I realize there is probably a forum on here already that addresses this, but I am probably missing what term(s) to search for.

The situation is, we have an online form that allows users to put in 4 whole numbers. The minimum the form will accept is 70, and the maximum is 300. Sometimes, numbers outside this range are actually OK if the numbers relate to each other properly. For instance, a good set is:

  1. 70
  2. 150
  3. 95
  4. 80

An acceptable set, outside those limits on the high end, is:

  1. 122
  2. 305
  3. 215
  4. 150

An acceptable set on the low end might be:

  1. 58
  2. 100
  3. 75
  4. 60

An unacceptable set would be:

  1. 17
  2. 200
  3. 100
  4. 85

Above, the first number is FAR too low, and the gap between 1 & 2 is also too large.

Another unacceptable set would be:

  1. 95
  2. 60
  3. 500
  4. 88

The pattern we're looking for is:

  1. "Acceptable" range which is really more like 45-130 for point 1. First point can't be above 130, this actually IS an inflexible requirement. Could realistically be much lower than 70. Anything lower than 45 would be suspect her and a more realistic cutoff.
  2. Should be higher than point 1. Above 300 is suspect, but might be fine if point 1 is relatively high.
  3. Should be lower than point 2
  4. Probably Lower than point 3, but could be the same or very slightly higher and still be considered acceptable.

So, a curve of sorts. I'm looking for some ideas of formulas to use to look at our ACTUAL accepted data to make a better form (with more realistic limits), and maybe even use a formula to evaluate the results relative to one another instead of just using high and low cutoffs.

It's been probably a decade since I took a math class so I'm really starting from scratch here, even just a nudge in the right direction would be great.

  • What is the name for this type of "curve evaluation" as I'm calling it?
  • What should I research further to find out what's possible here?

I'm thinking either calculus (because curves) or statistics, or a combination of the two, because I want to use existing data to inform what would probably be some kind of calculus formula that I'd use to evaluate incoming data sets for validity.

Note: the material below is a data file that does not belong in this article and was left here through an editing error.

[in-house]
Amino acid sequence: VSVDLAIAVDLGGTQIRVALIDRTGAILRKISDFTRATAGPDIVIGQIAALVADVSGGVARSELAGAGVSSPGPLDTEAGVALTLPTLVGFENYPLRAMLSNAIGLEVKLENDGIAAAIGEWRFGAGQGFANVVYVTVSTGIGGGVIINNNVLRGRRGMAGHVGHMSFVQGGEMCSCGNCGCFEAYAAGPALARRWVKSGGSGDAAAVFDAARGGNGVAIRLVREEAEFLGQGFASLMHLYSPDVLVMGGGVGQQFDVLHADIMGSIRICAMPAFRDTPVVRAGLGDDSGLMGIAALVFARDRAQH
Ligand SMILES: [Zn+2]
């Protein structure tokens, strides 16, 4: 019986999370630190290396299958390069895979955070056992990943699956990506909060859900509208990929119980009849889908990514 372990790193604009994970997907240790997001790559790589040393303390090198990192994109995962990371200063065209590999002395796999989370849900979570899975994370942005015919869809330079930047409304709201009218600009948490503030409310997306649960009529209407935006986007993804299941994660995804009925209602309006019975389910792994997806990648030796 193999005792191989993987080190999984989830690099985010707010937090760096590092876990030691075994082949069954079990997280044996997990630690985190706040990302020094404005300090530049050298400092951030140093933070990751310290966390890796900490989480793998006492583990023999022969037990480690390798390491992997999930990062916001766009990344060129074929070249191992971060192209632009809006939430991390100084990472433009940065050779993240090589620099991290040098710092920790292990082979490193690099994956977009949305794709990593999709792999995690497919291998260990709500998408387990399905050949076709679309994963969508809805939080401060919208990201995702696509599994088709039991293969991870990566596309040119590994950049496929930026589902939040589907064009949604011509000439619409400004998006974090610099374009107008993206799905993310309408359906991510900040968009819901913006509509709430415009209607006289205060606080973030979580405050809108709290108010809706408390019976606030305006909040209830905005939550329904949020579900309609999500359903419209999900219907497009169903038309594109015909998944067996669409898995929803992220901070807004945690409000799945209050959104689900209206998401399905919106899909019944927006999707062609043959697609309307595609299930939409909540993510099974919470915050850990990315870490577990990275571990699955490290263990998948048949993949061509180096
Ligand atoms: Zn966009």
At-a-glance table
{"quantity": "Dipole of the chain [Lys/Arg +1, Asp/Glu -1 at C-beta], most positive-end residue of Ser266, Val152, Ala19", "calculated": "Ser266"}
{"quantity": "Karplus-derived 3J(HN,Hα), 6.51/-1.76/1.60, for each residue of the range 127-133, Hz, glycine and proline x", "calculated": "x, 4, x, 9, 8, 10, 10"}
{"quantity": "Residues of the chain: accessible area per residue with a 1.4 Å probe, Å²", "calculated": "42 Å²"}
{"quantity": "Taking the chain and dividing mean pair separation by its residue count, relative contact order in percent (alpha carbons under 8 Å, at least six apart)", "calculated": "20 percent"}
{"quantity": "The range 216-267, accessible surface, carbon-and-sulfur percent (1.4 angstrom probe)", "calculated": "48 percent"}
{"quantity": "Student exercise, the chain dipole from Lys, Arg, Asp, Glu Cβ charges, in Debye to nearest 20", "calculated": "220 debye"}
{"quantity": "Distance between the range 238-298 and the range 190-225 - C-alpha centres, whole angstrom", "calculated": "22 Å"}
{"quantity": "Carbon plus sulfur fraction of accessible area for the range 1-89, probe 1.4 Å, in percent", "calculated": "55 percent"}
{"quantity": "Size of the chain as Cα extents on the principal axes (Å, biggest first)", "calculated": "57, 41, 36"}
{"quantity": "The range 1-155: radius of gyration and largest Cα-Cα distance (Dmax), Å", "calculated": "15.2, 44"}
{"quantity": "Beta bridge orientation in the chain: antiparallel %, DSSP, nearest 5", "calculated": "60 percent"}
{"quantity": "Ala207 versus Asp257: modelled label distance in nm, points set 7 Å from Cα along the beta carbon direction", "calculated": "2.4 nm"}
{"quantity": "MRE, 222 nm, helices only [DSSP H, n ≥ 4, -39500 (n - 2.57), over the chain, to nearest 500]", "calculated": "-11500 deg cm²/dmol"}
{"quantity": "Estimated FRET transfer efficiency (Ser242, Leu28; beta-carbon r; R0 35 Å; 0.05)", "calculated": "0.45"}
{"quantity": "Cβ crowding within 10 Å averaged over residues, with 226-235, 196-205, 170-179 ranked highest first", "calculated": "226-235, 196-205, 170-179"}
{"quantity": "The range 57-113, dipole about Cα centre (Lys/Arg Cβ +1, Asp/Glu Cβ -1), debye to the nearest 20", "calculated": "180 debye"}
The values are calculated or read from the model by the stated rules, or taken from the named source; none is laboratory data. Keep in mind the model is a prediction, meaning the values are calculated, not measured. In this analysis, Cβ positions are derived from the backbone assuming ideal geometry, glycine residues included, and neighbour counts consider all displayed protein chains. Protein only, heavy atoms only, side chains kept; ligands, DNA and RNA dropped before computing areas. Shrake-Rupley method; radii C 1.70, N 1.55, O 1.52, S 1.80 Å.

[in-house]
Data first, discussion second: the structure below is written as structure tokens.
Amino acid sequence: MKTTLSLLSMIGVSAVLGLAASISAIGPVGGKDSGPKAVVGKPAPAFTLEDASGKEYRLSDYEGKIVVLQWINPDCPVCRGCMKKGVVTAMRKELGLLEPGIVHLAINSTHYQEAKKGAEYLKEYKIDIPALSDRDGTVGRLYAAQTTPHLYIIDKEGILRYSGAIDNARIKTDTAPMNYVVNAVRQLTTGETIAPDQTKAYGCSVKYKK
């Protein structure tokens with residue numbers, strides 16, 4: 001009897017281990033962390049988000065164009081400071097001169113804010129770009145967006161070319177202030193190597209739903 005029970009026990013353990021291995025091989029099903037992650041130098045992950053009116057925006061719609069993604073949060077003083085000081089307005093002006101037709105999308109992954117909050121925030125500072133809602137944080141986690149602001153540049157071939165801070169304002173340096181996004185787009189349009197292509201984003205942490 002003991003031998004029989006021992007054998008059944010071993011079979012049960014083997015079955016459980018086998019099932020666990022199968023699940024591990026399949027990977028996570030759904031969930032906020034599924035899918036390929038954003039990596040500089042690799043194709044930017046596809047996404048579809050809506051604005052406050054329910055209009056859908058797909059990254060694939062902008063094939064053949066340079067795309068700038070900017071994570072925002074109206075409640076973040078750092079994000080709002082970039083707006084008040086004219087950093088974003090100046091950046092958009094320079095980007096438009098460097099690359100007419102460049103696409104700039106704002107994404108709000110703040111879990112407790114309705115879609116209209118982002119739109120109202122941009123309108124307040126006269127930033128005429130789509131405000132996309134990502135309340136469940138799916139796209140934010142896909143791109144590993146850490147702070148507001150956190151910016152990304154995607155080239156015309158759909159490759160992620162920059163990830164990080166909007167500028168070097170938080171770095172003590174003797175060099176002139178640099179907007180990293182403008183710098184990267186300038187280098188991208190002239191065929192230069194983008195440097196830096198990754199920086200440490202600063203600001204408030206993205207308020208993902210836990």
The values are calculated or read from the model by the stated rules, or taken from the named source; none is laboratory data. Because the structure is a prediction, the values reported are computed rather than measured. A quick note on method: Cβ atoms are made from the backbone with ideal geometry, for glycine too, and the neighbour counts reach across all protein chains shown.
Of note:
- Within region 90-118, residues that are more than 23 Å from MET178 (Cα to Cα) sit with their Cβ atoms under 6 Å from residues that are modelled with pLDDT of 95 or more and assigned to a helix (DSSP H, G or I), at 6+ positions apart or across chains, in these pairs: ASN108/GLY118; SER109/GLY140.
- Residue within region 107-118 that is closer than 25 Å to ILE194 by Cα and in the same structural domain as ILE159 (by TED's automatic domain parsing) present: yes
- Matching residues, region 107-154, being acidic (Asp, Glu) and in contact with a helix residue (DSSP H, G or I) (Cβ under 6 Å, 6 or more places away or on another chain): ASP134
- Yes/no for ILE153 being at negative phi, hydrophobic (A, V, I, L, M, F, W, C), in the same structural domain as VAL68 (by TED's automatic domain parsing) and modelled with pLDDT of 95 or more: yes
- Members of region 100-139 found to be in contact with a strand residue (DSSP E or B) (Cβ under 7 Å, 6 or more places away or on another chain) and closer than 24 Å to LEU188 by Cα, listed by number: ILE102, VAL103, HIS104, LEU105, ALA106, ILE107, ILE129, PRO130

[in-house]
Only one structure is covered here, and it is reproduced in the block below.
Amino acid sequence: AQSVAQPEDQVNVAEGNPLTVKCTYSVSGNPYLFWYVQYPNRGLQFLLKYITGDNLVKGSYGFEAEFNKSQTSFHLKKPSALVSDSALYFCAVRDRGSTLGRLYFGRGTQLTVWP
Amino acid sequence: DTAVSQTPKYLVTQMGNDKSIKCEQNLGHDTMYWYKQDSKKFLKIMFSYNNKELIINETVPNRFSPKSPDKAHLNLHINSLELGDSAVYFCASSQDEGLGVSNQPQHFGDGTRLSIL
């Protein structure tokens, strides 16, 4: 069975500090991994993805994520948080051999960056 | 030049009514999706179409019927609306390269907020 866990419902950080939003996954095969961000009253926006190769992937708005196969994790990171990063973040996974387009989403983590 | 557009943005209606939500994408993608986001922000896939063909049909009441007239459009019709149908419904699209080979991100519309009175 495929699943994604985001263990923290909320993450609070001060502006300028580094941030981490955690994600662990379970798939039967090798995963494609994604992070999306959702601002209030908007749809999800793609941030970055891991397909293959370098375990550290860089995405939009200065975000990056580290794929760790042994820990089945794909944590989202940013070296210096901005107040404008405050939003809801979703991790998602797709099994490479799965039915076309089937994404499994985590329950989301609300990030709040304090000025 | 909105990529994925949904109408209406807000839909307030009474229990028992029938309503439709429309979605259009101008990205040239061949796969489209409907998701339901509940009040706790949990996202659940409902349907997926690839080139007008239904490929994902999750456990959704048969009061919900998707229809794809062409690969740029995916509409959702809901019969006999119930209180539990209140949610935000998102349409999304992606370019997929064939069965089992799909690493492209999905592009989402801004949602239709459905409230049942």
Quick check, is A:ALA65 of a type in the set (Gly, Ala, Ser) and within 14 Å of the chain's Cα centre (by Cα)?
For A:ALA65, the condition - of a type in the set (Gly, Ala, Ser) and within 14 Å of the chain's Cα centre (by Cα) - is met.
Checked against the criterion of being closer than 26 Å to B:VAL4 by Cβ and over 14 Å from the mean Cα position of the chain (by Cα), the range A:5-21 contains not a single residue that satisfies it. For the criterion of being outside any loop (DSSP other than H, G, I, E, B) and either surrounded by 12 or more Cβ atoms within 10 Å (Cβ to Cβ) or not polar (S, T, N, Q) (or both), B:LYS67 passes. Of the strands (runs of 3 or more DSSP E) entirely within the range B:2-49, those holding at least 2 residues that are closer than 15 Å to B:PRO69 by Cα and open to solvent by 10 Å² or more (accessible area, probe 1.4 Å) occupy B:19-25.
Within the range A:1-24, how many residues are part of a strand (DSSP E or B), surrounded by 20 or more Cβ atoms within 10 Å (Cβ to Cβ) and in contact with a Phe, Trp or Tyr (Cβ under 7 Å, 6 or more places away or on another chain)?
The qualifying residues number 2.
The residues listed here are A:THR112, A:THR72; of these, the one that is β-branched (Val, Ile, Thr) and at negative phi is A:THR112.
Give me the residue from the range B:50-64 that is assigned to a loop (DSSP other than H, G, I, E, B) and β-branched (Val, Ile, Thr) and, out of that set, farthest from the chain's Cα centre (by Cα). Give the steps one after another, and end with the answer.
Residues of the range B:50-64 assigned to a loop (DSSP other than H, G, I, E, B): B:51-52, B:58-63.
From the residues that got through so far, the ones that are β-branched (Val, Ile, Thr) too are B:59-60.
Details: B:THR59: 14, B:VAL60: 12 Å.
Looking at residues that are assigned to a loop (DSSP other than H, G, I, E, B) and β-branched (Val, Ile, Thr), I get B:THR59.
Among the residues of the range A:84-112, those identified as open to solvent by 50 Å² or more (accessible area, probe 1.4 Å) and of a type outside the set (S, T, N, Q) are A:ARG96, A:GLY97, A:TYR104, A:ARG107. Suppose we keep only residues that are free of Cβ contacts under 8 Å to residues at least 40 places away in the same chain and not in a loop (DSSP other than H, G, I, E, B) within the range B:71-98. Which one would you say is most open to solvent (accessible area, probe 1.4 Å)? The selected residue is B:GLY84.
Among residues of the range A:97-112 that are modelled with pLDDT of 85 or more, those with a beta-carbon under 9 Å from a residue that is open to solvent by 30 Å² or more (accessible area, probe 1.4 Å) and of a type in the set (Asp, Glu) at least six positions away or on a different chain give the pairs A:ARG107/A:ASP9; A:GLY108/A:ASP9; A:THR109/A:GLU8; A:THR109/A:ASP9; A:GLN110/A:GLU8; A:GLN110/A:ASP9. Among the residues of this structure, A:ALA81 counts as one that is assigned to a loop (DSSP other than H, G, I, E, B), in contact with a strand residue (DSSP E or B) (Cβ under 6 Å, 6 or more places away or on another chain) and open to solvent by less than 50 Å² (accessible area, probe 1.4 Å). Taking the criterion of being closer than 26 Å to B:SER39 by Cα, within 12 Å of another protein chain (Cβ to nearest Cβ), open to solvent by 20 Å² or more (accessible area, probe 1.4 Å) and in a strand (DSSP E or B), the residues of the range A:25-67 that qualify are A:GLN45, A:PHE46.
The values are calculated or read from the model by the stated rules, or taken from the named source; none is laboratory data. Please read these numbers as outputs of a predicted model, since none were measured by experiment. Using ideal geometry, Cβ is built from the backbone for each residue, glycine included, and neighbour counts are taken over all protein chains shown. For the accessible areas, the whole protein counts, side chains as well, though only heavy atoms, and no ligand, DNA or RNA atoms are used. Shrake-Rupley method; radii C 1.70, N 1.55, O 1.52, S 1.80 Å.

closed as primarily opinion-based by BruceET, Saad, Mohammad Riazi-Kermani, Xander Henderson, Namaste Mar 7 '18 at 1:07

Many good questions generate some degree of opinion based on expert experience, but answers to this question will tend to be almost entirely based on opinions, rather than facts, references, or specific expertise. If this question can be reworded to fit the rules in the help center, please edit the question.

  • $\begingroup$ As you are talking about relating properly, so you definitely need to use fractions, i.e. $\dfrac{17}{200}=0.085 < r$ is lower than a cutoff ratio so unacceptable, but $\dfrac{122}{305}=0.4>r$ is not lower than the cutoff ratio and is acceptable. For instance, you can set the cutoff ratio to $r=0.3$ or so... . $\endgroup$ – Mehrdad Zandigohar Mar 6 '18 at 19:57
  • 2
    $\begingroup$ This is an interesting empirical problem whose solution might involve some easy mathematics - but the only way to know is to thoroughly explore the data you have, particularly the cases you accept even though they are beyond your stated m criteria. You could look at ratios (as suggested) or clustering. You could try to explain in words (for yourself) why some exceptions are OK an others not. Look at the close calls. But I don't think anyone here can suggest possible rules without looking a lot at your actual data. $\endgroup$ – Ethan Bolker Mar 6 '18 at 21:10
  • $\begingroup$ Source of data, reasons for collecting data, tolerances for departure from rules, objectives of data analysis are all unclear or unspecified. Any answer from here would have to be an uninformed opinion or unwarranted guess. $\endgroup$ – BruceET Mar 6 '18 at 23:00